5 Steps to Keep Your Expenses in Check Post-COVID
According to a study conducted by JP Morgan Chase, consumers everywhere valued practicality over everything else during the first year of COVID. In fact, among the top products that consumers spent their money on were health and sanitation items like disinfectants, vitamins, and supplements. On the other end of the spectrum, cosmetics and sun care products experienced a sales decline in the double digits during the first year of COVID. Though people where shopping online more during COVID than before, their purchases were focused more on self-care and supporting newly discovered hobbies like cooking and baking, as well as meeting their aesthetic needs like home décor.
Now that the restrictions have eased up and the world is finally opening up again, there are more and more opportunities to spend money on, especially when it involves travel, entertainment, and amusement. And while some may have adapted and enhanced their cooking skills while working or studying from home, with the summer weather comes patio season and eating out which will be an extremely enticing activity for everyone.
It’s completely fine to allow yourself to splurge on those things you have missed during the past two years, but this doesn’t mean you should squander like a king or queen. It’s still important to keep your finances in check so you don’t fall into a debt trap. Below are 5 steps to make your budget work for you in a post-COVID world.
- Take a good look at your finances.
You can’t bake a cake without having the ingredients on hand, and in the same way, you can’t work with your budget if you don’t have an idea of how it’s looking at the moment. If you have various side gigs like dog walking or cleaning, make sure to take note of your earnings from these each time you receive your pay check. Also include your other sources of income like scholarships, grants, or bursaries.
- Keep track of your expenses.
Now this part may be a tricky one since you’re likely paying in different methods, like using PayPal for your online shopping purchases, using cash for quick trips to the corner convenience store, or swiping your credit card for your grocery trips. Collect all the receipts from these purchases as much as you can. Add to these ones those fixed expenses like internet or phone bills. If you don’t have the receipts, remember to note them down in your phone or a notebook. Keep in mind that it’s always better to overestimate than underestimate.
- Save for a rainy day.
It’s a piece of advice we’ve heard countless times when we were kids, but as you grow older, you realize you’re grateful that you were taught this. It’s always wise to save money for a rainy day. Having a working budget for school-related costs is one thing, but what will you do for emergencies? For instance, suppose you’re working on a final term paper and your laptop suddenly crashes, and the technical support person tells you it’s beyond saving and you’ll have to buy a new one. This is one of the times when the emergency money comes in handy!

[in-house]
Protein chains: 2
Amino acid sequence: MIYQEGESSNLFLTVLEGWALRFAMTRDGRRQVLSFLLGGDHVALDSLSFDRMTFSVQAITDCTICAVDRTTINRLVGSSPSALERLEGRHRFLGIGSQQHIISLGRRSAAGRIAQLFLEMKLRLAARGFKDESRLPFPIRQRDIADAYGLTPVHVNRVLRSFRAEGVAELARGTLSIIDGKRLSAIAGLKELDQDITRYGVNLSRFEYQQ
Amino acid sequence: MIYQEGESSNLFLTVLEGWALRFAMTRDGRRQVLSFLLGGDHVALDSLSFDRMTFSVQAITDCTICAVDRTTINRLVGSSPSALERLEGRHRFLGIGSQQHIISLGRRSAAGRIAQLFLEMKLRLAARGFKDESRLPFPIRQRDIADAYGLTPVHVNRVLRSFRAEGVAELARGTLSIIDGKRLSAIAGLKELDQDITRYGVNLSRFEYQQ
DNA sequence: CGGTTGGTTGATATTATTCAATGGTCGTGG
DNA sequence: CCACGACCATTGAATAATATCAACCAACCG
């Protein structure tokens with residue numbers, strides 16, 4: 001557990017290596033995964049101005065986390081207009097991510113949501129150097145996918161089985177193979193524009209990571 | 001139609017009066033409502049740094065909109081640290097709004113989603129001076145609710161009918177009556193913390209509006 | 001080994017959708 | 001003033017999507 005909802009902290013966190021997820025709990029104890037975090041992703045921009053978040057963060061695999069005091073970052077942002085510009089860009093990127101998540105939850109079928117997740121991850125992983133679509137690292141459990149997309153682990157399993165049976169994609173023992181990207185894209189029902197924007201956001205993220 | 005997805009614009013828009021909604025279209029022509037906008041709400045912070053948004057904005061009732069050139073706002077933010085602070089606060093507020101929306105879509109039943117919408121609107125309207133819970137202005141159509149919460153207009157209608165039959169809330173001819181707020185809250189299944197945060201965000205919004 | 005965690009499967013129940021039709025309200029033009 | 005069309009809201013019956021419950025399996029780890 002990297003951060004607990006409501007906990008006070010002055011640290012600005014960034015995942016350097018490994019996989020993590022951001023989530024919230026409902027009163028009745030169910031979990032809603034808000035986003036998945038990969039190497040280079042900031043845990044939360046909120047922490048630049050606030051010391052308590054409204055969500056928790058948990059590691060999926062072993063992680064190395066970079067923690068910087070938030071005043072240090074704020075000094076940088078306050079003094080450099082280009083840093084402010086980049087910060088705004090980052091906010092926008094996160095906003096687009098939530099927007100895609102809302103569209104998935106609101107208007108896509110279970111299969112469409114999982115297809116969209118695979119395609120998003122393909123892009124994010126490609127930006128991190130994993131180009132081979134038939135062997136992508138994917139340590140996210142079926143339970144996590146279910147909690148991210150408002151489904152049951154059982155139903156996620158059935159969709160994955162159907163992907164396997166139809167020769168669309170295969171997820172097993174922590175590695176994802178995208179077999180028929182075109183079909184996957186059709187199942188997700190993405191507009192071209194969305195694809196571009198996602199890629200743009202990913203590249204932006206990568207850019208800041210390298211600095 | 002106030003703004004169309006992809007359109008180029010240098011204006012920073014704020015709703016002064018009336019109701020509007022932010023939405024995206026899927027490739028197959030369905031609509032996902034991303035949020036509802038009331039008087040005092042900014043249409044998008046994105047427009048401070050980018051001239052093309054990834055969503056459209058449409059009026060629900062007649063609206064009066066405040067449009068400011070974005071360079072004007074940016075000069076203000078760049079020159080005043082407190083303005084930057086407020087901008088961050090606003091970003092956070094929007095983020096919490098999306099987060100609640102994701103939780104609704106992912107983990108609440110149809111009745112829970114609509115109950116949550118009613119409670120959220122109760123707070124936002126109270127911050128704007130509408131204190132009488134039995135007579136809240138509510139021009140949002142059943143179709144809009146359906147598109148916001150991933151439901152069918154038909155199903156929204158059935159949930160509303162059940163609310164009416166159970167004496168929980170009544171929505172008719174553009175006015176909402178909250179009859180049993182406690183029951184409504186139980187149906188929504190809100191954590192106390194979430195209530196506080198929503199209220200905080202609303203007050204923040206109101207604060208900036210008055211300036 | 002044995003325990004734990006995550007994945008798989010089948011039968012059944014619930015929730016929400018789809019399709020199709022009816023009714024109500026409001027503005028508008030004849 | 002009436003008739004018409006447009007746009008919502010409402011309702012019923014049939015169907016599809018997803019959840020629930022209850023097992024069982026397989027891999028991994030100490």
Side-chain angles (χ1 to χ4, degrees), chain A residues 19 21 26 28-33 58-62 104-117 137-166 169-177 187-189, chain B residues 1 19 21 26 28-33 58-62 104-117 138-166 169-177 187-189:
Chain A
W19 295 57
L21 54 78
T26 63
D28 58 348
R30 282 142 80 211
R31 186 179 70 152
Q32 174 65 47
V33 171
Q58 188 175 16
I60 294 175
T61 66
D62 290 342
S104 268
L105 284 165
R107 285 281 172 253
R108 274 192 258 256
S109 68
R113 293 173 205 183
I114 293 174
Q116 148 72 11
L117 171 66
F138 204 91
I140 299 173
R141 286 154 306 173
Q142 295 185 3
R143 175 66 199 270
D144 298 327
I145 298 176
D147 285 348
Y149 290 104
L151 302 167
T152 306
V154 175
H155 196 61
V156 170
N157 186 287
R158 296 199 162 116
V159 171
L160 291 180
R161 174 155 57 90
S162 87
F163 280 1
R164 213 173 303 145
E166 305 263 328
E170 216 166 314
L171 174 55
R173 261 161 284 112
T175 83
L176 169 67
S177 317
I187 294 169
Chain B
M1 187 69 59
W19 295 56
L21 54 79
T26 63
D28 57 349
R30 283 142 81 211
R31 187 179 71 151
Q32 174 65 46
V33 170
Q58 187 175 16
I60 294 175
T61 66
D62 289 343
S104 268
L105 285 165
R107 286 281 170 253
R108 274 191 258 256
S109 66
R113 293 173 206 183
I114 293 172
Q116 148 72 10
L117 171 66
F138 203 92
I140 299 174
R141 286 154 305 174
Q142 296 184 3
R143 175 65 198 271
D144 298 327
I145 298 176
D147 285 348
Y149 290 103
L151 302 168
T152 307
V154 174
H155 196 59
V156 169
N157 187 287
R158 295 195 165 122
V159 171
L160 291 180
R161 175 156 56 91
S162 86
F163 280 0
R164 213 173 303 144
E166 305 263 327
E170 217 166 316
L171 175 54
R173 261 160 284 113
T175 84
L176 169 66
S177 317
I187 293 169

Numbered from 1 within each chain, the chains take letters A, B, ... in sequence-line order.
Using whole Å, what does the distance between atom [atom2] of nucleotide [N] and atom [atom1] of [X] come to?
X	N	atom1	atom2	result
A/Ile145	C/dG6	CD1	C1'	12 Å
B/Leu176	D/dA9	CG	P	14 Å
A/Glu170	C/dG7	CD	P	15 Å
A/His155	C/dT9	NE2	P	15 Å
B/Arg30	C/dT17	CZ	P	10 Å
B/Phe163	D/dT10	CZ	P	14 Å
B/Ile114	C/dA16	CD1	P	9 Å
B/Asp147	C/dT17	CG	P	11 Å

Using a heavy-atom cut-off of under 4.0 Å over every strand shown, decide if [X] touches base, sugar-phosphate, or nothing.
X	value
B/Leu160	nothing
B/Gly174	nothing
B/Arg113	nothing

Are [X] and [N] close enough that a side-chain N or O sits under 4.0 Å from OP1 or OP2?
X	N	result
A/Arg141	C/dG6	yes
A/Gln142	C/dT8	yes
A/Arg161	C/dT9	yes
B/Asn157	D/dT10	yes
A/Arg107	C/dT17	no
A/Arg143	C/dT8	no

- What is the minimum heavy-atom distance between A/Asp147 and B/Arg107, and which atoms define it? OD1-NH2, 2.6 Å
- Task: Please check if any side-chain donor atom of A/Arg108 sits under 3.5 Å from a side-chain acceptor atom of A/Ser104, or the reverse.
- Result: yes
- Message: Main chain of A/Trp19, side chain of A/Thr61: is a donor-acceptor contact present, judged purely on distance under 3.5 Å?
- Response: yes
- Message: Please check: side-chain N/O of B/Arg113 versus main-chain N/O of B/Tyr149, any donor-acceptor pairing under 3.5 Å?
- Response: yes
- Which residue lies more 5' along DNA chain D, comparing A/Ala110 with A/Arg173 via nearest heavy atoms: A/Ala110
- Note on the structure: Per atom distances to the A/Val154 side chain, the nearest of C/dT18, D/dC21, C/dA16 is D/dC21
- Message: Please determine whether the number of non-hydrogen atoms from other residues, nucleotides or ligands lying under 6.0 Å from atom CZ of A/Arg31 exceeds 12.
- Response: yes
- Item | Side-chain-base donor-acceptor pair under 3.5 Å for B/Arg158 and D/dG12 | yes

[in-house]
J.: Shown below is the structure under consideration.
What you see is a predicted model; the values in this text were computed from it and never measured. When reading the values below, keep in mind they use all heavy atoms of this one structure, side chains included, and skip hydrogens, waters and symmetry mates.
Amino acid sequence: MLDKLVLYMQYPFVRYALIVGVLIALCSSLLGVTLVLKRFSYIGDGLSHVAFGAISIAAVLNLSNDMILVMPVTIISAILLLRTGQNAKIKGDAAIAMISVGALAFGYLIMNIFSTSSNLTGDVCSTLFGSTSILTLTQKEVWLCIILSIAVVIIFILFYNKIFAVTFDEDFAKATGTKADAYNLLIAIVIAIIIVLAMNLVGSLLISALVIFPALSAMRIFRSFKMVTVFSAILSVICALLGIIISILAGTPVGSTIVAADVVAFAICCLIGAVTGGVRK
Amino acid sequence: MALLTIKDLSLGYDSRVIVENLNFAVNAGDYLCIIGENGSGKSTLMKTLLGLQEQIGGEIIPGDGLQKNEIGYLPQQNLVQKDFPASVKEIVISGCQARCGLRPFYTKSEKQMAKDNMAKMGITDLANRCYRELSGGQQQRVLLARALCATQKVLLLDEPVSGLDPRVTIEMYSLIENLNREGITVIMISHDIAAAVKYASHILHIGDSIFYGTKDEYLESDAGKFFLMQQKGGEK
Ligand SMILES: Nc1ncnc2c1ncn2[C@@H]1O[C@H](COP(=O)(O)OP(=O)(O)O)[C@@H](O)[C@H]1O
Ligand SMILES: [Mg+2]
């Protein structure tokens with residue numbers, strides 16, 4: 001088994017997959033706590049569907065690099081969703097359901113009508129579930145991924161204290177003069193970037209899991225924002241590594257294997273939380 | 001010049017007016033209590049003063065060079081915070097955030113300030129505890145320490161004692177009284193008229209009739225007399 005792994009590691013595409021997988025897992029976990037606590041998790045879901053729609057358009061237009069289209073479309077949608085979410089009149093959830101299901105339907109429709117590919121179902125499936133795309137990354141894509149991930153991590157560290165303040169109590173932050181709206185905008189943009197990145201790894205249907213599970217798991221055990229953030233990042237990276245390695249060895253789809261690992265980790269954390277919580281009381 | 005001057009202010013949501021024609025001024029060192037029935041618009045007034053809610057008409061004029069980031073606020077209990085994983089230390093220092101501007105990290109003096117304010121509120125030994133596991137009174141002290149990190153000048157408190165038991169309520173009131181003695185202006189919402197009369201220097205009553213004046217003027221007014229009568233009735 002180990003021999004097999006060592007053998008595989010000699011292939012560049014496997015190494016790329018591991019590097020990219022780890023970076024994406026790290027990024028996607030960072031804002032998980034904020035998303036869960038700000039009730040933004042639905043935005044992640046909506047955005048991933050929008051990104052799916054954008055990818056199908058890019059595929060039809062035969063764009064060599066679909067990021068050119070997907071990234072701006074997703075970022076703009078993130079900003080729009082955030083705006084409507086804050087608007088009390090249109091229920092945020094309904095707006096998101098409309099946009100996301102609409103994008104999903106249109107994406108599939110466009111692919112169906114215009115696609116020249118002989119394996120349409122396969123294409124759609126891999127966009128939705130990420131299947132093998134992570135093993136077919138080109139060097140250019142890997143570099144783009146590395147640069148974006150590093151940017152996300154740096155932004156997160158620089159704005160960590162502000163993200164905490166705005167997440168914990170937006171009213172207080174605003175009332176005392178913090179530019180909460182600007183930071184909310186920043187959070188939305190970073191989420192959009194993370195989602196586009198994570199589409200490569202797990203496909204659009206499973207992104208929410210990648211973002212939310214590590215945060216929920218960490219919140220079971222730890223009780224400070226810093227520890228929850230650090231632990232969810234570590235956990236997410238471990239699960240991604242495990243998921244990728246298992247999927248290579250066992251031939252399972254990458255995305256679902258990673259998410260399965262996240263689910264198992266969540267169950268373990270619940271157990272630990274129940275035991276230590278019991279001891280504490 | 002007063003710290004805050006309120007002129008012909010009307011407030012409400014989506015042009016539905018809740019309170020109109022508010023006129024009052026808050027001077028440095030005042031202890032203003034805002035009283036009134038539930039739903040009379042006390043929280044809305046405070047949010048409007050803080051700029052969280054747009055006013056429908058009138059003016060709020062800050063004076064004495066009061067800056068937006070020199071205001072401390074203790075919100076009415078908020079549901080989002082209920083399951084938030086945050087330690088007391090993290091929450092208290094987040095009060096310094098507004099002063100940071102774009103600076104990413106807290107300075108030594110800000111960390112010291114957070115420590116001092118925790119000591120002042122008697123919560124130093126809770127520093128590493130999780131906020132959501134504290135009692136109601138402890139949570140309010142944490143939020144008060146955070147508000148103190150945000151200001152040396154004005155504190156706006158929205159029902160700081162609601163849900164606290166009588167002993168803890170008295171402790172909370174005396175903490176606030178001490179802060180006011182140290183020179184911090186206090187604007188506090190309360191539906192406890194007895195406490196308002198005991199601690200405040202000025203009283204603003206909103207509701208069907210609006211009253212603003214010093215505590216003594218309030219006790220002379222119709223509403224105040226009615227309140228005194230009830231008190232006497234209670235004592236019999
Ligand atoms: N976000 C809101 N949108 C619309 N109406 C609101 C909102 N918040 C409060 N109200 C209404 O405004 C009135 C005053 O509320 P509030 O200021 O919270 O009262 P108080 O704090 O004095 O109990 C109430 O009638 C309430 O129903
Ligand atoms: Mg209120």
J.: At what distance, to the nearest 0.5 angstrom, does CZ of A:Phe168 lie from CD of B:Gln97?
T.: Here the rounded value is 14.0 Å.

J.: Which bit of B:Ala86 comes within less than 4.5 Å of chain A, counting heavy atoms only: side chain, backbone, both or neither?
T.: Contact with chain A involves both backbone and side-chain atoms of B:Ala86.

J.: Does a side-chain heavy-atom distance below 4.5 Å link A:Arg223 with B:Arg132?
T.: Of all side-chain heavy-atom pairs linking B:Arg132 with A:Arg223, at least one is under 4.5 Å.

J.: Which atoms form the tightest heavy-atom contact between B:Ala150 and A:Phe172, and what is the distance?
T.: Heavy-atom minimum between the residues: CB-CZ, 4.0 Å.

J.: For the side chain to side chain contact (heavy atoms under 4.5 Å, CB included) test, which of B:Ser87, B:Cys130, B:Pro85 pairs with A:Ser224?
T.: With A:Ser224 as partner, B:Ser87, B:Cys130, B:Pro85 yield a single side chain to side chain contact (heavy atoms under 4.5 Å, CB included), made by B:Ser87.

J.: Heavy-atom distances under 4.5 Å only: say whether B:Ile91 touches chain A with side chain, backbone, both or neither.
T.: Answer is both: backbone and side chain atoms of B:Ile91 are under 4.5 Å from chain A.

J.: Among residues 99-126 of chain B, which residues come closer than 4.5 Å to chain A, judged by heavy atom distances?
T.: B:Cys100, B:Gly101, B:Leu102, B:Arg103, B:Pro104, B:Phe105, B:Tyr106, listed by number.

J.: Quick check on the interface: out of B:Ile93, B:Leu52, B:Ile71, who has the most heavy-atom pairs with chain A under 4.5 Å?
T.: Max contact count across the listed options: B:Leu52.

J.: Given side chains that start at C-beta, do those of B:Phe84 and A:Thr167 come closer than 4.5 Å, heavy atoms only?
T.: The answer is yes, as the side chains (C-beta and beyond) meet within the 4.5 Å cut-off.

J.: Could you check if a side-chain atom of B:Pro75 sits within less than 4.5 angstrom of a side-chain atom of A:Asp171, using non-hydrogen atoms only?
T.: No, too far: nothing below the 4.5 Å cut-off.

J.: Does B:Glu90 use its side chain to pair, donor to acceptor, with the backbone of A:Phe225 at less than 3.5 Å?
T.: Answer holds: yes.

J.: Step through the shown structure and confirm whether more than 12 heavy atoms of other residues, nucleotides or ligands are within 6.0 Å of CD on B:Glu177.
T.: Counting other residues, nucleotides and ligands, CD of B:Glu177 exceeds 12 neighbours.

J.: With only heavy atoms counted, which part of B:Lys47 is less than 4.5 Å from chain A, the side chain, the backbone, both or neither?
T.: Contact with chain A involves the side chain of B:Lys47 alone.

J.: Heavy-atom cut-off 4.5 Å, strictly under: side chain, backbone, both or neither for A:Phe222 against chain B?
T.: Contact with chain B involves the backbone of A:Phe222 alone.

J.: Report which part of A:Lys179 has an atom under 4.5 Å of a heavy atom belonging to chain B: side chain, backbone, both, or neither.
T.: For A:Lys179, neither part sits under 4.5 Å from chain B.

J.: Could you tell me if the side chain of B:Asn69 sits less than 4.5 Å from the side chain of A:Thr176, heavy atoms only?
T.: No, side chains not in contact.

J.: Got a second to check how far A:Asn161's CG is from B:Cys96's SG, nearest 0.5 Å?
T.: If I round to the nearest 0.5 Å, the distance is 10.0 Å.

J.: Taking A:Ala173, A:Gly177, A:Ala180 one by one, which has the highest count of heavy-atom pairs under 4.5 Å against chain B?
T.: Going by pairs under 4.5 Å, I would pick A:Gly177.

- Review your budget every month.
You know how companies do a monthly review so they know exactly if they’re achieving their yearly financial targets? They devise strategies on how they can do so if they’re coming up short, like cutting operational costs or hiring new staff. Take a cue from this and do a monthly budget review. This way, you get a clear idea of where your finances stand; when you do feel like treating yourself to a trip to a spa, you don’t have to feel guilty because you know you have room in your budget to do so.
- Don’t stop looking for opportunities to save.
If you’ve fancied yourself a chef or a baker during COVID and prepared your own meals or baked your own bread, saving money in the process, try to adapt this smart habit you picked up on even if COVID is now over and done with. Keep yourself on the look-out for money-saving opportunities like purchasing a party dress from a second-hand shop or renting books instead of buying them.
It’s such a relief to finally see the world go back to how it was pre-COVID. However, this doesn’t mean you’ll let your budget go off the rails. It’s best to keep it in check and keep a balance between spending money to enjoy yourself and taking care of yourself in the long run.
Ali, Adena. “How to maintain your pandemic saving habits as you return to the office.” Global News. https://globalnews.ca/news/8760661/return-to-office-spending-covid/.
Beck, Rae Hartley. “Budget about to burst? Here are 3 simple steps to save money fast.” Financial Post. https://financialpost.com/moneywise/budget-about-to-burst-here-are-3-simple-steps-to-save-money-fast.
Gillard, Jackie. “How COVID-19 has changed Canadians’ shopping habits.” MoneySense. https://www.moneysense.ca/spend/shopping/how-covid-19-has-changed-canadians-shopping-habits/.
JPMorgan. “How COVID-19 Has Transformed Consumer Spending Habits.” https://www.jpmorgan.com/solutions/cib/research/covid-spending-habits.